Funny how the same thing is true for churches. But perhaps that’s not surprising. The church was born as a movement in response to the toxic collaboration of religion and state that conspired to execute Jesus. Jesus hung on a cross until he couldn’t breathe anymore. In response, out of his death, a movement of love was born. The church has seen its share of times when it had to be shocked back into alignment with the vision of the world Jesus proclaimed. The behavior of the church through centuries has sometimes required anger and rage at its injustice. Without all the roles necessary for social change, the church would stagnate and perhaps die. It needs the collective of all who can breathe working together.
No movement is complete without all of us who can breathe. Say, “I can breathe.” ……
I am hopeful. But it’s not just because we decide to have hope. It’s because of the suffering that produced endurance that produced character that produced hope. Paul told the Romans to boast in their hope. I’m not sure I like that. I know I don’t like that. But Paul was clear that their hope was not something they created for themselves but a gift that comes from their faith. Faith that comes from God’s love poured into us by the Spirit. The original gift of breath by God who invites us, motivates us, to play our role. May God help each of us to realize, “I can breathe, therefore.”
Park Hill Congregational UCC
Rev. Dr. David Bahr
June 7, 2020
“Through the Fires”
A crucible is for silver, and a furnace for gold,
but God tests the heart.
USA Today reported on Thursday that there have been protests in 584 cities and towns around the country and growing. Hundreds of people even gathered in Grand Forks, North Dakota, the nearest “big city” to where I grew up. Hundreds of people marching in Grand Forks! And in some places, the pressure of those protests is leading to policy changes – the necessary outcome.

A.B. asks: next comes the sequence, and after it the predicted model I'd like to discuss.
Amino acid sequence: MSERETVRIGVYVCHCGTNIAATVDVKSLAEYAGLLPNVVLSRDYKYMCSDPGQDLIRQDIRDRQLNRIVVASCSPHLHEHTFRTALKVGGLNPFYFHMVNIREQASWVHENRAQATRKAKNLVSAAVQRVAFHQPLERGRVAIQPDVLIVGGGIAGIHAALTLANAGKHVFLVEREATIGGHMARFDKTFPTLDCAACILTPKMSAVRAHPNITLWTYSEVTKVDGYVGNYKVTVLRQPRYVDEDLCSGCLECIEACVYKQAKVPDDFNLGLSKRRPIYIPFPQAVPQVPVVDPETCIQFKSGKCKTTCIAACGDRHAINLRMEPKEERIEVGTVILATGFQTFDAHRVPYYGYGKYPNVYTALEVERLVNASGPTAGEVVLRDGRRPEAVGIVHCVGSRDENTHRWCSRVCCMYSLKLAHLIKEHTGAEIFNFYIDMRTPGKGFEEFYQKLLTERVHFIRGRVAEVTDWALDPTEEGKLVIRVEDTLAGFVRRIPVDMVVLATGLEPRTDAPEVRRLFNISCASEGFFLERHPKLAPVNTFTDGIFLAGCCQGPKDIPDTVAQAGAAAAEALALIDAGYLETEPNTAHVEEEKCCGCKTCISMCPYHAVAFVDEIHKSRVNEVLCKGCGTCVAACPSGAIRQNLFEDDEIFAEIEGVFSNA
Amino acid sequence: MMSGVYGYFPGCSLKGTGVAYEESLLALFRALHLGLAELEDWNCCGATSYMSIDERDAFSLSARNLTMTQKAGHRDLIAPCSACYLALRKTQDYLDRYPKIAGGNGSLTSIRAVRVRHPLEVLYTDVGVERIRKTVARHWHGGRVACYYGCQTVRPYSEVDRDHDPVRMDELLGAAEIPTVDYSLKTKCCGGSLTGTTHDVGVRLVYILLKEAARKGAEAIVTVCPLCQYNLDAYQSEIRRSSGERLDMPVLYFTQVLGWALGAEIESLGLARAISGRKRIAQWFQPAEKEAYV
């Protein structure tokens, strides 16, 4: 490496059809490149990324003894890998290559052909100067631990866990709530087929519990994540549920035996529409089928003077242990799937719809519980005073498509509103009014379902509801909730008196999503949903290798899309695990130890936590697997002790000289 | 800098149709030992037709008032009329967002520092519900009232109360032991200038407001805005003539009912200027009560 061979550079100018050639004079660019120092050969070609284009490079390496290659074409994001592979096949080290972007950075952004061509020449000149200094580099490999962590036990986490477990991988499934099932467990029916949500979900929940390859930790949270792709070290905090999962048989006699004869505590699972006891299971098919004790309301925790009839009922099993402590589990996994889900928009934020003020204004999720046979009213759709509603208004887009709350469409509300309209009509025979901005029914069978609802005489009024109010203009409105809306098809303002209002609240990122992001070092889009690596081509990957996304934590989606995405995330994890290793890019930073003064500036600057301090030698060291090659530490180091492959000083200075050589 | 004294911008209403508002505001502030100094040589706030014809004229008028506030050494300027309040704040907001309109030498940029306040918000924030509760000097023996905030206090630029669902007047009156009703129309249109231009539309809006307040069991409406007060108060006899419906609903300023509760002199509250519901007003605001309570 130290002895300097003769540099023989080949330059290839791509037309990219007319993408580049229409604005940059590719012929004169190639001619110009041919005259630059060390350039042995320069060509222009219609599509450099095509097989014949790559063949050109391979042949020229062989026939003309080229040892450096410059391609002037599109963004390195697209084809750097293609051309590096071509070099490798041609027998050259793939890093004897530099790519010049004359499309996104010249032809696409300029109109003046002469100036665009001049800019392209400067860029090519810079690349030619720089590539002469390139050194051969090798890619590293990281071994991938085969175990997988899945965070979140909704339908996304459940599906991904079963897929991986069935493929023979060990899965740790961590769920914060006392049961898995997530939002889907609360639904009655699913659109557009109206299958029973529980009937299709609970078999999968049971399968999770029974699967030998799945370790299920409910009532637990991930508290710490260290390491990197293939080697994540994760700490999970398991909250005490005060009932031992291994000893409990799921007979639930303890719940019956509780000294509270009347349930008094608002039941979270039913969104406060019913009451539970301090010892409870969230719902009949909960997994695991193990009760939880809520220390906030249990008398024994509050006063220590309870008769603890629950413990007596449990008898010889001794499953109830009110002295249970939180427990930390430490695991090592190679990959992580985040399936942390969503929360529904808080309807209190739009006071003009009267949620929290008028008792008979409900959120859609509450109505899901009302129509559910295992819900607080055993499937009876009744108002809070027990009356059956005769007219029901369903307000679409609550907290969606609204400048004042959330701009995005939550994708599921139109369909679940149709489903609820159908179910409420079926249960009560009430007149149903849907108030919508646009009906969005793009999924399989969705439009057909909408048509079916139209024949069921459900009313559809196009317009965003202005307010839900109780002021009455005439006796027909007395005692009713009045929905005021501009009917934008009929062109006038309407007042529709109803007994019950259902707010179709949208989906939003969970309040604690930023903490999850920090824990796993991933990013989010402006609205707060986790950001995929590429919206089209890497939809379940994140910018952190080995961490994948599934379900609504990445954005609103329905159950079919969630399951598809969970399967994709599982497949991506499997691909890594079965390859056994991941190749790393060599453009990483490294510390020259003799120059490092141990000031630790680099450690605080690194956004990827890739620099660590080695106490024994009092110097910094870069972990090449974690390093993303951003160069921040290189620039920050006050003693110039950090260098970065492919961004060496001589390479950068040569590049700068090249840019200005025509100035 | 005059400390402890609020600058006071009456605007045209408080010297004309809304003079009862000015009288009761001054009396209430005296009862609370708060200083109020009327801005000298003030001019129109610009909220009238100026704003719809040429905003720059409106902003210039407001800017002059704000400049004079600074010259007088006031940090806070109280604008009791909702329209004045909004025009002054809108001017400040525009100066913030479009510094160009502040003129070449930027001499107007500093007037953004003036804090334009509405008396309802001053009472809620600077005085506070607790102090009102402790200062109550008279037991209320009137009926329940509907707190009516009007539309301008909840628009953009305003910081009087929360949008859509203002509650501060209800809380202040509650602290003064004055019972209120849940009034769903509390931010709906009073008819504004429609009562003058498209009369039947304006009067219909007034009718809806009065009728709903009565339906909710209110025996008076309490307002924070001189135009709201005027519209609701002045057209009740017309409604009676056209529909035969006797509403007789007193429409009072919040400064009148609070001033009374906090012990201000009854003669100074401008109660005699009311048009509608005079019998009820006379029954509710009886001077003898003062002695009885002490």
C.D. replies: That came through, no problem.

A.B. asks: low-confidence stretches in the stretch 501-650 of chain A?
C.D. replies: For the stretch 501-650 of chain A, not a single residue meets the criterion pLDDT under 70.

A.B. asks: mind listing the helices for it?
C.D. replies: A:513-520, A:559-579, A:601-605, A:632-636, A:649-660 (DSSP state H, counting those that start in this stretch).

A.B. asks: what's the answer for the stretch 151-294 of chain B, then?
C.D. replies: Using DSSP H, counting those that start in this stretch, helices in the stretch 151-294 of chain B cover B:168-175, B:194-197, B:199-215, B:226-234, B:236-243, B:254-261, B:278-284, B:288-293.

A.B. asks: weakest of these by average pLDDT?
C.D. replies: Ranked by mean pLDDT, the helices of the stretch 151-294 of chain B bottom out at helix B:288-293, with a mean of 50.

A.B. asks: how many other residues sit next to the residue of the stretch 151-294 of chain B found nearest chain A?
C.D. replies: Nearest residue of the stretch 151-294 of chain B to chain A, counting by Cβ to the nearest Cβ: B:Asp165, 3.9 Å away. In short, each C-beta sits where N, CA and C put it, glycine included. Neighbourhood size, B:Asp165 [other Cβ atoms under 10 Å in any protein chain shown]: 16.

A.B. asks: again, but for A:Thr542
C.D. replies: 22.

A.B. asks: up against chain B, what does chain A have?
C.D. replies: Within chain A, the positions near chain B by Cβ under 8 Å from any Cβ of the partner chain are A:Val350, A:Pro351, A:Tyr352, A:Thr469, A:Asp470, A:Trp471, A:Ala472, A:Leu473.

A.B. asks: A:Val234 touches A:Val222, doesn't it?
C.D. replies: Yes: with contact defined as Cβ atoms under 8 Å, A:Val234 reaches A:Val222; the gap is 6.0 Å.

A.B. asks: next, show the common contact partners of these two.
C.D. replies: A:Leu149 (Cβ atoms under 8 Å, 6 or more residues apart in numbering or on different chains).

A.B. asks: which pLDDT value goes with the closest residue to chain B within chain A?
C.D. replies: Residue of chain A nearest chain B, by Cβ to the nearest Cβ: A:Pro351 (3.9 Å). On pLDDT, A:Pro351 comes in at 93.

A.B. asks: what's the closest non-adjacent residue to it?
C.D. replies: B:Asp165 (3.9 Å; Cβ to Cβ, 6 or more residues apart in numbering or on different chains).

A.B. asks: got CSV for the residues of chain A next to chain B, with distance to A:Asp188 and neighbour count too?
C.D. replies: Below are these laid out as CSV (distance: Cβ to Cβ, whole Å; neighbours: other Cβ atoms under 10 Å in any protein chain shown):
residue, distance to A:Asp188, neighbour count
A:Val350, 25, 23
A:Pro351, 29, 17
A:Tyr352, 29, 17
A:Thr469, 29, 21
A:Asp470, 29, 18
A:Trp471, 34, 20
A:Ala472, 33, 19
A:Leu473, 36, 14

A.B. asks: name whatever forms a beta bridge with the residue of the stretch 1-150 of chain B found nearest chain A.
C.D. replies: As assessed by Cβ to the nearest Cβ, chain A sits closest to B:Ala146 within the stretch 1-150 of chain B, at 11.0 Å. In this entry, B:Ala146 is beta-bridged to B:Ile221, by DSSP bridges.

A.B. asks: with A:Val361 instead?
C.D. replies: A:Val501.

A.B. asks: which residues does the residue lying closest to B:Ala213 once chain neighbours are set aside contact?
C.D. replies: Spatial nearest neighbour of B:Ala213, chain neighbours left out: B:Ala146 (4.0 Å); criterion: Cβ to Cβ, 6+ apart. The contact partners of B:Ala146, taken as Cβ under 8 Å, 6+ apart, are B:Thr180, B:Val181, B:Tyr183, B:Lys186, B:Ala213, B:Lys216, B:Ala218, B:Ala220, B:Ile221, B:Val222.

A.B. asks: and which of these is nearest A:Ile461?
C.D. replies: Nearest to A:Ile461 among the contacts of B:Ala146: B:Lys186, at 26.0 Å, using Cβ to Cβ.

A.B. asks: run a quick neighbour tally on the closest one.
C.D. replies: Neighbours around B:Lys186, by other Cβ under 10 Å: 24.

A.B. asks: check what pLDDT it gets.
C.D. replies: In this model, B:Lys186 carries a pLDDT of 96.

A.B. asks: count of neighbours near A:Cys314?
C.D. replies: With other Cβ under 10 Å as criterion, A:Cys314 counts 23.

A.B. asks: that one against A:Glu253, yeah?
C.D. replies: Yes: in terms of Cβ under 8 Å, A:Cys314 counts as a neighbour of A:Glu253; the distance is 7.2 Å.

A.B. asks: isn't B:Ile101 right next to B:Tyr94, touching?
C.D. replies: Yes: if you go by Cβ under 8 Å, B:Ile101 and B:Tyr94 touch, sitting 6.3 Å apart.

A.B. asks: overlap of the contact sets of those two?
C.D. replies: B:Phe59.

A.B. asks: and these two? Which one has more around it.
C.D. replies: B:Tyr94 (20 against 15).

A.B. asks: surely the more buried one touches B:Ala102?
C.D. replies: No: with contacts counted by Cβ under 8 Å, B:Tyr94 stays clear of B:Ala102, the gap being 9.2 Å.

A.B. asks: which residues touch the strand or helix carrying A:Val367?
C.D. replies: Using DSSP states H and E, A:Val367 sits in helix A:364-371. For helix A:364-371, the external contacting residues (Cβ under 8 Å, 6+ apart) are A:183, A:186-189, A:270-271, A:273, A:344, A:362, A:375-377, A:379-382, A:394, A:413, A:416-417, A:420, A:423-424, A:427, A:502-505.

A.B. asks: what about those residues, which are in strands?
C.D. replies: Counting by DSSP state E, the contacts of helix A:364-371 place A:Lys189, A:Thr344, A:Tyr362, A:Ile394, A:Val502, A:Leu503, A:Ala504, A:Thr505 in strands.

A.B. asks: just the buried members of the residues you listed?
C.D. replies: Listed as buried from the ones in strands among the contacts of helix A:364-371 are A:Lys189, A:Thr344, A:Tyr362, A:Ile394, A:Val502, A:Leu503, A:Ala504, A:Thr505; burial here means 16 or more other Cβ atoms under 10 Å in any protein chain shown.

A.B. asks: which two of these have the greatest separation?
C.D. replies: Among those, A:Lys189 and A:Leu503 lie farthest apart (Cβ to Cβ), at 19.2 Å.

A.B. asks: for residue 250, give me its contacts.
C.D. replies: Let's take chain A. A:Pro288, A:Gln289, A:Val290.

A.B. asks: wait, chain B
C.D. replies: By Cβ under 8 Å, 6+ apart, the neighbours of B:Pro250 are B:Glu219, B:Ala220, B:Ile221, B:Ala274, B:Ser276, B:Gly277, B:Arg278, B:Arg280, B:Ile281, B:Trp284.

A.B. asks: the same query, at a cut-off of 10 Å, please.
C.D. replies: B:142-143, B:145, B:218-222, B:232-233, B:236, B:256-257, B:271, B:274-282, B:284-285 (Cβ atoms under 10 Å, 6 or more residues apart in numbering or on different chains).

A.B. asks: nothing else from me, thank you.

Civil rights icon John Lewis said this week that while the video of Mr. Floyd crying out "I can't breathe" brought him to tears, this ongoing movement gives him "hope that we're on our way to greater change."
Why? He compared today with the protests of the 1960s, at which he was literally on the front lines, and said, "This feels and looks so different. It is so much more massive and all inclusive." We remember how Dr. King was disturbed and distressed that more white people, more white Christians, didn’t join what was such an obvious struggle. But Congressman Lewis said this time is different, noting that "people from all over the world [are] taking to the streets to stand up, to speak up, to speak out, to do,” he said, “what I call getting in trouble." He is hopeful.
Of course, there were unhelpful troublemakers in some of those cities. Last weekend we were very discouraged by images of violence. Dumpsters on fire, vehicles on fire, buildings on fire… Add the tear gas and rubber bullets and flash bang grenades and reporters of color arrested on live TV and clashes between police in riot gear and citizens in masks, combined with all those fires, and it looked like the apocalypse.
But I wonder, like the wisdom of King Solomon’s proverb, were those fires simply the crucible needed to purify silver? Were those fires the furnace necessary to remove impurities from gold? I'm not defending the use of fire for protest. I am not glorifying it. But, I still wonder, could God use them to test our hearts?
Because that violence, those fires, in particular, forced us to confront our own prejudices and priorities. Internal battles and temptations to say, “it’s horrible that an innocent black man was killed but destroying property has got to stop.”
Those of you who are African American being subjected to not only one more video of a public lynching repeated again and again on a loop but having to hear endure such equivocation – I am sorry. Some of you, black and white, have talked about difficult conversations in your own families and people you thought were friends and allies in which you had to say “No. It’s horrible that property is being destroyed, but it’s the killing of innocent black men by police that has to stop.” Get your priorities right. We have to understand whose interests we ask police to protect. People or wealth and power.